The forest swallowed sound, spreading a rolling hush. Walking through the trees was like marching through an abandoned future.
When a car coughed up the trail, the hikers heard it coming for miles. The driver slowed beside them, asked how they’d ended up in this strange in between place.
“I’m from the village up the way,” the driver said in heavily accented English.
“We’re going past it, I think. Do you know A—?”
The driver nodded. “I’ll get you to my village.”
There was little more to lose, so the hikers got in the car. The doors and windows of the vehicle shut out the trees. The clock, the gas gauge, the radio – the ordinary flow of time returned, even with nothing but static coming from the speakers.
The driver passed the village and continued on to the hikers’ destination.
“Thank you,” one of the hikers said. “You didn’t have to…”
“What is good for you, is good for me,” the driver said with a shrug.
A giant wheel rolled down a hillside.
It would have gained speed, but a lone rock stood in its way. It was only a pebble, but a larger stone came to stand beside it. A tree joined to shade the bold rocks. A river cut across to water the tree. A mountain rose to feed the river.
The wheel should have gained speed, but it reached the rock and it stopped.
I took a long break to get through a con and move. Things are still chaos, but I gotta force myself to get back to my routine, so here we go.
“Don’t be grandiose,” the technician said.
“I plan to be perfectly selfish,” I said.
“Good,” the woman in the lab coat said. Seriously, though, lab coast? We’ve had time tech for long enough that they don’t need to make it seem mysterious by sticking with the lab coats. What mess are they preventing? Will spare minutes splatter on them?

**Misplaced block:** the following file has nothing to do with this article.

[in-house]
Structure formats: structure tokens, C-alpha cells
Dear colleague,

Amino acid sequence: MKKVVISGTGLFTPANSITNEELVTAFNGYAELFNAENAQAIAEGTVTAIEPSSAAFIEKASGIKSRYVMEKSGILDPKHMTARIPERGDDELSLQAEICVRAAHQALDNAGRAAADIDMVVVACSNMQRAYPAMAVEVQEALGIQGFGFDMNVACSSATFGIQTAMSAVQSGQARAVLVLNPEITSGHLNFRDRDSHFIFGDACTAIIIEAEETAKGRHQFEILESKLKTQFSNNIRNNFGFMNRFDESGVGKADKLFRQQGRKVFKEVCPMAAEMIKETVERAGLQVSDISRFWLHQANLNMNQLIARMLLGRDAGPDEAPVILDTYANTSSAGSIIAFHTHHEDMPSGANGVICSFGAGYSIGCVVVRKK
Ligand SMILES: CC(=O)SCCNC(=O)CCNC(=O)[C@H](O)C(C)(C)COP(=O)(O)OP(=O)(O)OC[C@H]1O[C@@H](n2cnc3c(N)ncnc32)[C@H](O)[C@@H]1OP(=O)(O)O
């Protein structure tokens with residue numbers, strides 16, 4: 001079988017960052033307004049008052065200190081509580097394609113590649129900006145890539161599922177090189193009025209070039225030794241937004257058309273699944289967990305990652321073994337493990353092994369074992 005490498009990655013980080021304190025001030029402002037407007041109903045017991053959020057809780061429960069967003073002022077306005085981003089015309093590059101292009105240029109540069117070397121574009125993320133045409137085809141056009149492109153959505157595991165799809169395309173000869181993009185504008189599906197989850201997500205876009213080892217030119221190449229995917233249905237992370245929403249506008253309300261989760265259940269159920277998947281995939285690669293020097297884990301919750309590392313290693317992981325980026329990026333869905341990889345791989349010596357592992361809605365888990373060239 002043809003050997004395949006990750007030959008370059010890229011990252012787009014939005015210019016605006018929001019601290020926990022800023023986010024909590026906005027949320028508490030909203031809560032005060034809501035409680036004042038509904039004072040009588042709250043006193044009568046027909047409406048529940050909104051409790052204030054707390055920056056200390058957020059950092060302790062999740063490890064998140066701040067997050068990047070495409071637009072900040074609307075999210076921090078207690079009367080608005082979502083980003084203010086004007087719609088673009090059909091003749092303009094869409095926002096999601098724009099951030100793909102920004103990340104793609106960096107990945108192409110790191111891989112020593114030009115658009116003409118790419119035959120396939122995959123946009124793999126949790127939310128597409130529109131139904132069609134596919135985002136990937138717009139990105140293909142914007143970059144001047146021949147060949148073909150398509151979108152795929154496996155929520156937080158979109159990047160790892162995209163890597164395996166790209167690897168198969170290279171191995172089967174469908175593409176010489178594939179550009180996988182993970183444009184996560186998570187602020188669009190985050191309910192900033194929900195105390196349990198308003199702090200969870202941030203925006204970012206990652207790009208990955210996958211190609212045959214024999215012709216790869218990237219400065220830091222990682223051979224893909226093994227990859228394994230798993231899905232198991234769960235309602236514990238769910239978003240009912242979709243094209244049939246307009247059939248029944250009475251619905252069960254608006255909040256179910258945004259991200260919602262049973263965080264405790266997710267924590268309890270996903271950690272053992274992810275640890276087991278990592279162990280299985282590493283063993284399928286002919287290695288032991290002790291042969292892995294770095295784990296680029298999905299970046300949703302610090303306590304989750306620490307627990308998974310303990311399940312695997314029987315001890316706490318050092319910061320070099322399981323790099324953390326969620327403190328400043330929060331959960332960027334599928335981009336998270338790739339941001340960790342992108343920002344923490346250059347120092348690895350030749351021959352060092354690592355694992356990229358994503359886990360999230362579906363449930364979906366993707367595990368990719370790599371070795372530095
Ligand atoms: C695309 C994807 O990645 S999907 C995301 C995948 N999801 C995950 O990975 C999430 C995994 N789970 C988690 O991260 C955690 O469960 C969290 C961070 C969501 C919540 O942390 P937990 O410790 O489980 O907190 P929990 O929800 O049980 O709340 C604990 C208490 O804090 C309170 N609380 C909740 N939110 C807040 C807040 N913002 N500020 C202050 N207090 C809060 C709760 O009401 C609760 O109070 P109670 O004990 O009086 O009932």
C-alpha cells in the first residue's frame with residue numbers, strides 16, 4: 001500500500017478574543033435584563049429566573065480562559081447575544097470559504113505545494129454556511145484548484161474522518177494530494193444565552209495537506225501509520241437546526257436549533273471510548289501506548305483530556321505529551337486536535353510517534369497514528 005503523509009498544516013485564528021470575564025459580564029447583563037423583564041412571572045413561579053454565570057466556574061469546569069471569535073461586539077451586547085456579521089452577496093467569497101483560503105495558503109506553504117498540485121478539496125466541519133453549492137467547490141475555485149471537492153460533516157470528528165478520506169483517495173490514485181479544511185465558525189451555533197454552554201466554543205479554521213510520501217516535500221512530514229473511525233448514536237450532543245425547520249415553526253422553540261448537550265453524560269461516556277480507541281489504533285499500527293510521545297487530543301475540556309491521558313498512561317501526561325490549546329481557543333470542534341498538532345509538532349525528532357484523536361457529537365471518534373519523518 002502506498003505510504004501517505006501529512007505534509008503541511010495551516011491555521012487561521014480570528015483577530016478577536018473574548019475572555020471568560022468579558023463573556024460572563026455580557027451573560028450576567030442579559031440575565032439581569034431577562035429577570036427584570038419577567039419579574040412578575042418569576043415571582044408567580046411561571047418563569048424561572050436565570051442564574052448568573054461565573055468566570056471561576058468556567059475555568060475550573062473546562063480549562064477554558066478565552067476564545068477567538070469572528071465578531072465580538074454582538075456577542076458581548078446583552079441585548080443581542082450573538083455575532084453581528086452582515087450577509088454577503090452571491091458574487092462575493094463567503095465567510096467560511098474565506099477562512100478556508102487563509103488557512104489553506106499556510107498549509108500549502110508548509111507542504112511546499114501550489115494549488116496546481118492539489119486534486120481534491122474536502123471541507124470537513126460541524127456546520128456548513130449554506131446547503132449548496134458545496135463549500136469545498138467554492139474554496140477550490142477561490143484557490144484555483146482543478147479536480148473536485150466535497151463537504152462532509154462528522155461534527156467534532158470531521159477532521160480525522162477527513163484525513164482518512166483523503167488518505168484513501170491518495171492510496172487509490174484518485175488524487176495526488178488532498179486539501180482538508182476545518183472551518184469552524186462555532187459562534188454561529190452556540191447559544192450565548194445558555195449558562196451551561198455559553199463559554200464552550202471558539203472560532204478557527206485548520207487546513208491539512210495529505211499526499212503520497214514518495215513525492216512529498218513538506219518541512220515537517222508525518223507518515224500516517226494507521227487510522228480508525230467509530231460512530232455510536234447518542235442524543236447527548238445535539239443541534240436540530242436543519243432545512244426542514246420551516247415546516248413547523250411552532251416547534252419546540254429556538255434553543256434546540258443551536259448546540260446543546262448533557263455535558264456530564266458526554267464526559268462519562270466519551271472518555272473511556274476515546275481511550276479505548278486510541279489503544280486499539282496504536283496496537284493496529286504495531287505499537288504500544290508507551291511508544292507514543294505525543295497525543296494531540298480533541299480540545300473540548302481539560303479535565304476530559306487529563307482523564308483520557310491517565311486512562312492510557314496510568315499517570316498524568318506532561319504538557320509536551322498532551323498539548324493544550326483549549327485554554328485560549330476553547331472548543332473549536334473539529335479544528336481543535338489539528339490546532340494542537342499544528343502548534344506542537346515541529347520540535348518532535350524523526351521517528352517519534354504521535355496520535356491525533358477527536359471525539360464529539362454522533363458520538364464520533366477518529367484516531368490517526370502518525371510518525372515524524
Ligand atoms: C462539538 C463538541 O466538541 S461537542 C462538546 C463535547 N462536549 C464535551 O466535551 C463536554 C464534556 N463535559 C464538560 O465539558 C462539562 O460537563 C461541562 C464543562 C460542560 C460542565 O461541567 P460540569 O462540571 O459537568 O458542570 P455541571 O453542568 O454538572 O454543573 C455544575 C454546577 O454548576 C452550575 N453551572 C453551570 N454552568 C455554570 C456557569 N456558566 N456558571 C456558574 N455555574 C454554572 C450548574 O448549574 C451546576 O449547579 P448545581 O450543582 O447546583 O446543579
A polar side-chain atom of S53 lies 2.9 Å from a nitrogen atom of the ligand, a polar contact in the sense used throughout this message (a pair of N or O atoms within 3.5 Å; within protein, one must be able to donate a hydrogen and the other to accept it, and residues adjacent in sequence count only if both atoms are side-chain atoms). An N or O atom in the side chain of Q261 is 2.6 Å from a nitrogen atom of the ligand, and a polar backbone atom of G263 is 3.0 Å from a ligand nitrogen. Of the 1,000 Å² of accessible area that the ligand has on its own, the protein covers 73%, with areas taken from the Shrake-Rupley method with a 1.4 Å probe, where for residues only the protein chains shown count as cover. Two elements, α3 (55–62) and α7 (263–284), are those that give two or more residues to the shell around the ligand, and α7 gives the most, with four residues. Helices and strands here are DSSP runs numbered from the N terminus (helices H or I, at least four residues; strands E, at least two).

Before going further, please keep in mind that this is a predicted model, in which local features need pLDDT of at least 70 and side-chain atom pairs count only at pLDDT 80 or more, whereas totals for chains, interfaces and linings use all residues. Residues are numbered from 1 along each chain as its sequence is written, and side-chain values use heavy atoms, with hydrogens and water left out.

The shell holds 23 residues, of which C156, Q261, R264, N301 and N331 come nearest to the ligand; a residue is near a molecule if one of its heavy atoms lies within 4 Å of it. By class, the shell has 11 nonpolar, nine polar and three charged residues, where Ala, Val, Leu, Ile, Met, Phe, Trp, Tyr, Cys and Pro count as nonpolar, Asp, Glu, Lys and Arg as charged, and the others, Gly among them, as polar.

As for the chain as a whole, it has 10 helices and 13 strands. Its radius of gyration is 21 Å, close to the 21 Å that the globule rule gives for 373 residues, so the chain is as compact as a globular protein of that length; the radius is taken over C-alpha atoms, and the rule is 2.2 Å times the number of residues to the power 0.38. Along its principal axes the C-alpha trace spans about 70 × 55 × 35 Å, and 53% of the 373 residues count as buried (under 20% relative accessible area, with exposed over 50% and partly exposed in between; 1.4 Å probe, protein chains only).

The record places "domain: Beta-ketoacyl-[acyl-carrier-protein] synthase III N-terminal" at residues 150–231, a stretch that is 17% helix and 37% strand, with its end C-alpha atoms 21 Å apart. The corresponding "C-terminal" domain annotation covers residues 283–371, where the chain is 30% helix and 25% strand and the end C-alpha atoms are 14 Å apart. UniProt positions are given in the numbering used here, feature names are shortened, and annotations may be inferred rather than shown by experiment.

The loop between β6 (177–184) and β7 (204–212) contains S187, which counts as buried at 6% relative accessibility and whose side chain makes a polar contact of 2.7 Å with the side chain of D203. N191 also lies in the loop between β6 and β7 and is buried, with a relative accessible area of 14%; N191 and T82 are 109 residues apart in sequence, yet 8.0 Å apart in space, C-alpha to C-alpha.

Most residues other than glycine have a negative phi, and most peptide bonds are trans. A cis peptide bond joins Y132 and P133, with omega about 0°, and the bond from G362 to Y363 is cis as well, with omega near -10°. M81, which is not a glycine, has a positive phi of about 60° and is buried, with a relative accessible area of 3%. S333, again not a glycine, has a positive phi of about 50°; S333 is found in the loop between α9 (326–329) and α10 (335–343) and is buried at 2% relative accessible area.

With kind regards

“…stick to something simple,” she was saying. “You get five minutes so keep it direct. Your past self will probably remember it as a weird dream.”
I tried to focus through the directions. Easier said than done. How many times can you be told not to kill your own grandfather?
Finally, though, I stepped into my childhood bedroom and woke the self sleeping in the bed.
“Listen up, kid,” I said. “I’ve only got five minutes…”
This is not a story. It’ll sound that way; you won’t believe me for a second. You’ll ask questions, you’ll wonder, you’ll poke and prod. Don’t worry. I’ve heard it all before. I’ve answered every question – yes, that one too.
But first and foremost, this is not a story.
Let me begin.
So many hands made the rock light, laughable. But two by two the hands fell away. The rock became heavier. The hands holding it up shook with effort. They weren’t sure for how long they’d be enough.
You know, I’m sure alien invaders really did arrive on earth a few months ago, but, to be completely honest, they aren’t really the problem. The real problem was House Resolution 861, the Earthling Sovereignty and Greatness Act of 2084.
I’m still not sure what tax cuts had to do with “earthling sovereignty,” but in any case, the space invaders won.